By Kara Moore
It can’t be my imagination. There’s definitely a “look” stud women give each other when they see one another out in the wilderness of the gay club scene. Sometimes it’s just a simple nod of acknowledgement; at other times, it can almost look like two dominant pack animals meeting in disputed territory. But it’s there—the look, and no conversation. Why is that?
The Studz of Distinction (S.o.D.) members who formed their organization for masculine lesbians back in 2011 decided to do something about this lack of social interaction. Last month, they celebrated their fifth anniversary with a Studz of Distinction black-tie event. Prior to that event, I sat down with S.o.D.’s members to talk about the club and its goals.
It all started with one stud, Danielle White. “In the gay community, especially in the urban gay community, there’s a disconnect when it comes to aggressive, dominant women who identify themselves as studs. We can walk down the street and not even speak to each other, and it’s an uncomfortable feeling,” according to S.o.D. members. “So one of the main reasons Danielle started the group was to try and bring some kind of unity amongst like-minded studs.”
She now has a multitude of studs who serve in roles such as president, vice president, treasurer, and events coordinator. There are currently 12 S.o.D. members—mostly African-American, although the club is for stud women of all races. Club members are employed as police officers, chefs, Metro drivers, and everything in between. They hold an annual membership drive that can be a bit exclusive, since they handpick new members because they want people who are like-minded. They call each other “brothers” and seek out women who want to join the family and give back to the LGBT community.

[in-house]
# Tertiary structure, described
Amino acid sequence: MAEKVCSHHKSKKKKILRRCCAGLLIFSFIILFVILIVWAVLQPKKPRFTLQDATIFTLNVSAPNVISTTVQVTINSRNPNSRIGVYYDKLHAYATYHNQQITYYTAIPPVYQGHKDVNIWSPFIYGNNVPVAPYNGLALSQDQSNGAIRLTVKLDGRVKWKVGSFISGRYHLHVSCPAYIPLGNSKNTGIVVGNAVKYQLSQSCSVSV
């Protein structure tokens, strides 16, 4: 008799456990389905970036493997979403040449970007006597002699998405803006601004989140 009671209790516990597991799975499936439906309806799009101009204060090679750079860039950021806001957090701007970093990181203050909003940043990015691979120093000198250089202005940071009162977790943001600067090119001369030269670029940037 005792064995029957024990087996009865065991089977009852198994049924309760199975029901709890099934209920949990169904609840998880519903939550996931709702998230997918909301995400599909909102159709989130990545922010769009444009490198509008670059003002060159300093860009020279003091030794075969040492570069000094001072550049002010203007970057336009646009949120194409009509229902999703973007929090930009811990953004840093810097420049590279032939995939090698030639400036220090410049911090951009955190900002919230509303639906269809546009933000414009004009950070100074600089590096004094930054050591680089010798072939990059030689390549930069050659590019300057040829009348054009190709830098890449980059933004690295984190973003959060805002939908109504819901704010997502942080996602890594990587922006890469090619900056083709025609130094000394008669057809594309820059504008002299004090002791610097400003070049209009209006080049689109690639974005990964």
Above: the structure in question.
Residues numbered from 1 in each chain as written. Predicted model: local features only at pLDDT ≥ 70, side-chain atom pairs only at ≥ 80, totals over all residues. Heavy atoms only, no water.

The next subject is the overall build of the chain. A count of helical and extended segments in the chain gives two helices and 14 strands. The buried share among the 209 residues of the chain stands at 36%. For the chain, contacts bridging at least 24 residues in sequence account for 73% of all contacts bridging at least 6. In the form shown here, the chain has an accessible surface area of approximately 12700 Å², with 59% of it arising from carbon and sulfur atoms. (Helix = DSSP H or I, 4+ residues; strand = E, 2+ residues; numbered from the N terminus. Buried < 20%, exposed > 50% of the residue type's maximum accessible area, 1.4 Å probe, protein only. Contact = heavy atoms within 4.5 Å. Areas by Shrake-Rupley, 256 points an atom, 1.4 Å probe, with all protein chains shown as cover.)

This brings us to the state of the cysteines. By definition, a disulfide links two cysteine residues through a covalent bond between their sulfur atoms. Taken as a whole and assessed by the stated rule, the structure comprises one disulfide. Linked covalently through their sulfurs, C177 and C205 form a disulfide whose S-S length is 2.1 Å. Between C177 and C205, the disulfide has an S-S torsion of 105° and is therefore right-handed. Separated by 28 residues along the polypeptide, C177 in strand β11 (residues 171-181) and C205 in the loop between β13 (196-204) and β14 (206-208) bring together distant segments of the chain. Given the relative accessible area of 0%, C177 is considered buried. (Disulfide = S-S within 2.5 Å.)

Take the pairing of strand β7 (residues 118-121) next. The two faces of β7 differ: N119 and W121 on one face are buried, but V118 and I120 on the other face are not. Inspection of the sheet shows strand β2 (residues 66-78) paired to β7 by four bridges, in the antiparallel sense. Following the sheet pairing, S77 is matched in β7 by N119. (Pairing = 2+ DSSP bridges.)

They are all aware of the stigma attached to being a masculine woman. “The biggest misconception about aggressive females is that we want to be males, which is totally not true,” the members say. “We are females—just aggressive females. We want the same rights as everyone else. Even when we go to the restroom, it’s hard sometimes. I get a triple-take look, and I’m a female. Now I understand what transgender people go through.”
S.o.D. has done charity work with the Montrose Center, the Ronald McDonald House, the Star of Hope Women & Family Center, the Greater Life Community Outreach Center, the SPCA, and AIDS Walk Houston. They host a toy and clothing drive for children in low-income communities and have done “Protect Yourself” parties where they help conduct free HIV/AIDS testing.
As a social club, they usually meet at each other’s homes and just spend time together. Since some of these women have kids, events are family-friendly and family-oriented.
There are other stud organizations around Houston now, but S.o.D. was the first social club in the area. They support each other by providing a safe space to be a masculine woman, and they work together to help each other succeed.
This year’s Studz of Distinction “Gentleman’s Ball” was a huge success. Walking in, there was a long room of mirrors leading to a softly lit ballroom with decorated tables. You can’t beat an open bar and a buffet, and they pulled out all the stops with their colorful desserts. A professional photographer took prom-like photos near the door, and the women worked it on the dance floor in long dresses. At one point, friends or family of each stud pulled them out on the dance floor to give them gifts of pocket watches.
To get involved with Studz of Distinction, feel free to email them at studzofdistincti[email protected].